Adding well-educated women to the workforce has significant and universal benefit, especially now as we tackle thorny challenges from climate change to income inequality to navigating the COVID-19 pandemic. This challenging future requires a different style of working, one that is less about individuals executing tasks in isolation and more about collaborative exploration. The collective intelligence needed to tackle complex challenges especially requires the input of women. A recent cross-disciplinary research paper titled “Quantifying Collective Intelligence in Human Groups” found that, to quote researcher and author Anita Williams Woolley: “We also continue to find that having more women in the group raises collective intelligence, and in the supplement we specifically compare face-to-face and online collaborators and find few differences in the elements that lead to collective intelligence.”
Yet despite the dramatic increase in the population of university-educated women and the clear benefit they bring to much-needed collective intelligence, women continue to be under-represented in the higher echelons of corporate America. At the largest (by market capitalization) and arguably most influential companies in the United States – technology companies including Apple, Amazon, Facebook, Alphabet (Google), and Microsoft - employee gender skews more than 72% male, according to recent data. During the pandemic, women did assume more leadership roles, according to Catalyst which has been tracking women in business for decades. Still, women account for only a record high of 7.8% of S&P 500 CEO roles.
Yet even as women prove valuable in the workforce, we are losing their contribution, largely due to the burden of caregiving and the lack of childcare infrastructure in the United States. We lost nearly three million women from the workforce at the height of the pandemic with 1.5 million women are yet to return to work. Many of those women are moms or otherwise have caregiving responsibilities for their families. Women, and in particular women with caregiving responsibilities (and for that matter, anyone with caregiving responsibilities) should be the norm, not the exception, as we design our work systems. According to research by the New York Times, if women had been compensated for that caregiving, even at minimum wage, in 2019 it would equate to $1.9 trillion in the US and 10.9 trillion globally.
The Tipping Point of a Diverse Workforce
The U.S. population is more racially and ethnically diverse than at any time in our country’s history, data from the 2020 U.S. Census shows. That diversity is just beginning to be reflected in the workforce and on college campuses. The Bureau of Labor Statistics reports that 78% of the workforce is White, 13% is Black, 6% is Asian, and 1% is each of American Indian and Alaskan Natives. About 35% of the total U.S. workforce has a bachelor’s degree or higher education, according to Statista. By race, 35% of Whites have higher degrees, 25% of Blacks, 57% of Asians, and 18% of Hispanics.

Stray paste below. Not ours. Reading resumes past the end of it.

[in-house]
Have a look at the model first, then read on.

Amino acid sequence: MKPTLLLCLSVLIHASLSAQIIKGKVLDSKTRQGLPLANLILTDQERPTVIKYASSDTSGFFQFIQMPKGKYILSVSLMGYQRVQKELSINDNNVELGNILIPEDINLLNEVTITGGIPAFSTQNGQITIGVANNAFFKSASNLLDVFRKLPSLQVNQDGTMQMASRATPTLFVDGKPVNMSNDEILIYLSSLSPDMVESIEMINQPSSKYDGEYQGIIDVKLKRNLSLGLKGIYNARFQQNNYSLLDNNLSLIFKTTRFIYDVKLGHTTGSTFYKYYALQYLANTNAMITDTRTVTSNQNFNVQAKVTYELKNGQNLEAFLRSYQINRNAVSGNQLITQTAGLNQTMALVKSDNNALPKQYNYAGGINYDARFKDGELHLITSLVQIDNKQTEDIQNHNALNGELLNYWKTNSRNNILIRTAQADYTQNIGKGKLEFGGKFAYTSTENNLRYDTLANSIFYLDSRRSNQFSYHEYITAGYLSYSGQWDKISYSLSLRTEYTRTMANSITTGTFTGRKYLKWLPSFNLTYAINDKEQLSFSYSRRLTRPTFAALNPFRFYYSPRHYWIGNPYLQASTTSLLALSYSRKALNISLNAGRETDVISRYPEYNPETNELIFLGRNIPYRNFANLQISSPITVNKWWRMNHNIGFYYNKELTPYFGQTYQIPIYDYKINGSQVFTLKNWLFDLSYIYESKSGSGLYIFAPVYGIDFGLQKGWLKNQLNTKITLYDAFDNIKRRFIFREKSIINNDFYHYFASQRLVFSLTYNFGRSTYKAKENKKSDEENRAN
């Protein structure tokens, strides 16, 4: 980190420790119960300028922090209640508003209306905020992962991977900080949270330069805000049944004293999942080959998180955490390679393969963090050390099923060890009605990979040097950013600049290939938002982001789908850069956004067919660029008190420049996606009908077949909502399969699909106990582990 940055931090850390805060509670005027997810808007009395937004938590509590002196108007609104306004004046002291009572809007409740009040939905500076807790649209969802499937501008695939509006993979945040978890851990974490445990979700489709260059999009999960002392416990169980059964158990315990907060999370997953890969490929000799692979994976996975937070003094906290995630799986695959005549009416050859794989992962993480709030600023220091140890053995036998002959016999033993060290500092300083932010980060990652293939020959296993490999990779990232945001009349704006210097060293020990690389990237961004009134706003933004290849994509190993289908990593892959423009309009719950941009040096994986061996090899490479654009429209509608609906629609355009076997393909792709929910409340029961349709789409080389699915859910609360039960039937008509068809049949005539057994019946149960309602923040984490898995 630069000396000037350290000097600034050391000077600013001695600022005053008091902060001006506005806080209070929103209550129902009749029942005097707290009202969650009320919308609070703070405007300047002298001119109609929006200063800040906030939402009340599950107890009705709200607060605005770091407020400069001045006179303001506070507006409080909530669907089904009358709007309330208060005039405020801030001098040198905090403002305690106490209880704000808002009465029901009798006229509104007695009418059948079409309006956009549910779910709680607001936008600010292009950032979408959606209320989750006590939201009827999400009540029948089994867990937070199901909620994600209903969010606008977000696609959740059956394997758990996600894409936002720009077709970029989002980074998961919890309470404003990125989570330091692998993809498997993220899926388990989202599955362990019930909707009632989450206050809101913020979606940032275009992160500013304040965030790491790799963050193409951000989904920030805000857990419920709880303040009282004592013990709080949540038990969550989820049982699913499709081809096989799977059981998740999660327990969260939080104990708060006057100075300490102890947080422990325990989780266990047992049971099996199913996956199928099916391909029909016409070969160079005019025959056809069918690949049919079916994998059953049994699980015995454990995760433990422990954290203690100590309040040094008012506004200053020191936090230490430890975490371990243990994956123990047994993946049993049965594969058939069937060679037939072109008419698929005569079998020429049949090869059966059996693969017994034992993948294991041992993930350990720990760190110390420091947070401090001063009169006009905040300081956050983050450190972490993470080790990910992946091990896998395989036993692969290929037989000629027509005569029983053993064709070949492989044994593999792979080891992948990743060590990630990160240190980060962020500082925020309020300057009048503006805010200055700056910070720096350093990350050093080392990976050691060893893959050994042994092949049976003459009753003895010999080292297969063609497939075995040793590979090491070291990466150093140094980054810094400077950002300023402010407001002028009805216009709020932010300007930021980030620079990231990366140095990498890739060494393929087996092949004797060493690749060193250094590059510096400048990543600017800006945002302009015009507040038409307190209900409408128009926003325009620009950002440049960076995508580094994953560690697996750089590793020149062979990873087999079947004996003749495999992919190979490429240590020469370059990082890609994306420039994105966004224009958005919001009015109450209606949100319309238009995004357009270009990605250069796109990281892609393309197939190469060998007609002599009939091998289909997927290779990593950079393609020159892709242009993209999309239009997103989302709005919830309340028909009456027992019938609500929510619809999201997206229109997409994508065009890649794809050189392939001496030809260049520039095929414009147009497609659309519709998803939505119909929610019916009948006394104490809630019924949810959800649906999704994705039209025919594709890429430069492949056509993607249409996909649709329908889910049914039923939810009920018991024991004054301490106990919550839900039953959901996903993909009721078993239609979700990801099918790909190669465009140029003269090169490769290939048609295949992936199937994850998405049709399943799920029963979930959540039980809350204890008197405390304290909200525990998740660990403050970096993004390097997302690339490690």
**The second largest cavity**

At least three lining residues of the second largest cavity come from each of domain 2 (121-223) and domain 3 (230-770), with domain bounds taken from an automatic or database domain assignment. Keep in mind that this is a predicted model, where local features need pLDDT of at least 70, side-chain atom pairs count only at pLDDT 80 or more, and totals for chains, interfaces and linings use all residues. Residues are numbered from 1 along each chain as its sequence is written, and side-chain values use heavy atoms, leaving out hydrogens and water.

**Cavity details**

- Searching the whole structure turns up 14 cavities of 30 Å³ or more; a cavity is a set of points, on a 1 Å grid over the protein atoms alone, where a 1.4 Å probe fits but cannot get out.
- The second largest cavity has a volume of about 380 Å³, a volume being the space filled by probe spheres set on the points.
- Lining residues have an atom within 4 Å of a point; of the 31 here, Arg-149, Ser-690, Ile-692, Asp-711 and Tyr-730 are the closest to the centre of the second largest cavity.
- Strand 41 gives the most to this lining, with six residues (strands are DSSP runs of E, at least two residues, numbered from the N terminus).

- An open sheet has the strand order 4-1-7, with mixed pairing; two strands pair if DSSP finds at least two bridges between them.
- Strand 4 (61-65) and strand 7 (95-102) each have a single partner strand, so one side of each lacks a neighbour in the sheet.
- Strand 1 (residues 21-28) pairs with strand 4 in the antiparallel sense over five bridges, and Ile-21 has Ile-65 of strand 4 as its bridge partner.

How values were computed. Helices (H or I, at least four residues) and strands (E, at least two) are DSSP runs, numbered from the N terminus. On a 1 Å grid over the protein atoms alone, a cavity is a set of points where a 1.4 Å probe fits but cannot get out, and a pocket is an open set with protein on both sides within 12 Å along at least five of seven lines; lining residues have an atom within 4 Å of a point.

The White majority in the population and the workforce, however, is on the cusp of change, according to demographers who expect this majority status to ebb by 2045. Change in economic status, however, is not moving as quickly. While education was supposed to close the Black wealth gap, a recent Wall Street Journal analysis of Federal Reserve’s data found that it actually has grown wider over the past three decades. Black college graduates in their thirties have higher levels of debt than both their peers and prior generations (debt over $44 thousand vs. $6 thousand for previous generations, adjusted for inflation). The median income for Black college graduates grew 7% from 1990 to the late 2010s while their White counterparts saw median income growth of 13%.
Structural racism comes at a high economic cost, according to research by Citi that blames racism for $16 trillion in lost economic activity between 2000 and 2018. Undeniably, we have left minority communities in the US behind in education, wealth building, and equitable access to opportunity. This is a loss of human potential. Partly energized by the George Floyd Protests and the Black Lives Matter movement, collectively the largest movement in our countries history, we have seen a consistent force towards creating greater opportunities at work as evidenced by a rise in Diversity Equity and Inclusion positions in companies and the inclusion of the Measure Up Metrics in the Fortune 500 reporting. Now, the moral argument for income equality is meeting an economic one, prompting late but laudable efforts by corporations to build black and minority wealth and driving more inclusive education policy. Evidence of changing economic mindsets is also evident in the surge in Black entrepreneurship during the pandemic, according to Kauffman Foundation, to its highest rate in 25 yearsoutpacing entrepreneurship among all other races.
These shifts are not just the right thing; they are the necessary thing in a global society with global markets. The emerging reference to nonwhite people as “People of the Global Majority” rather than People of Color signals that largest market is no longer primarily White.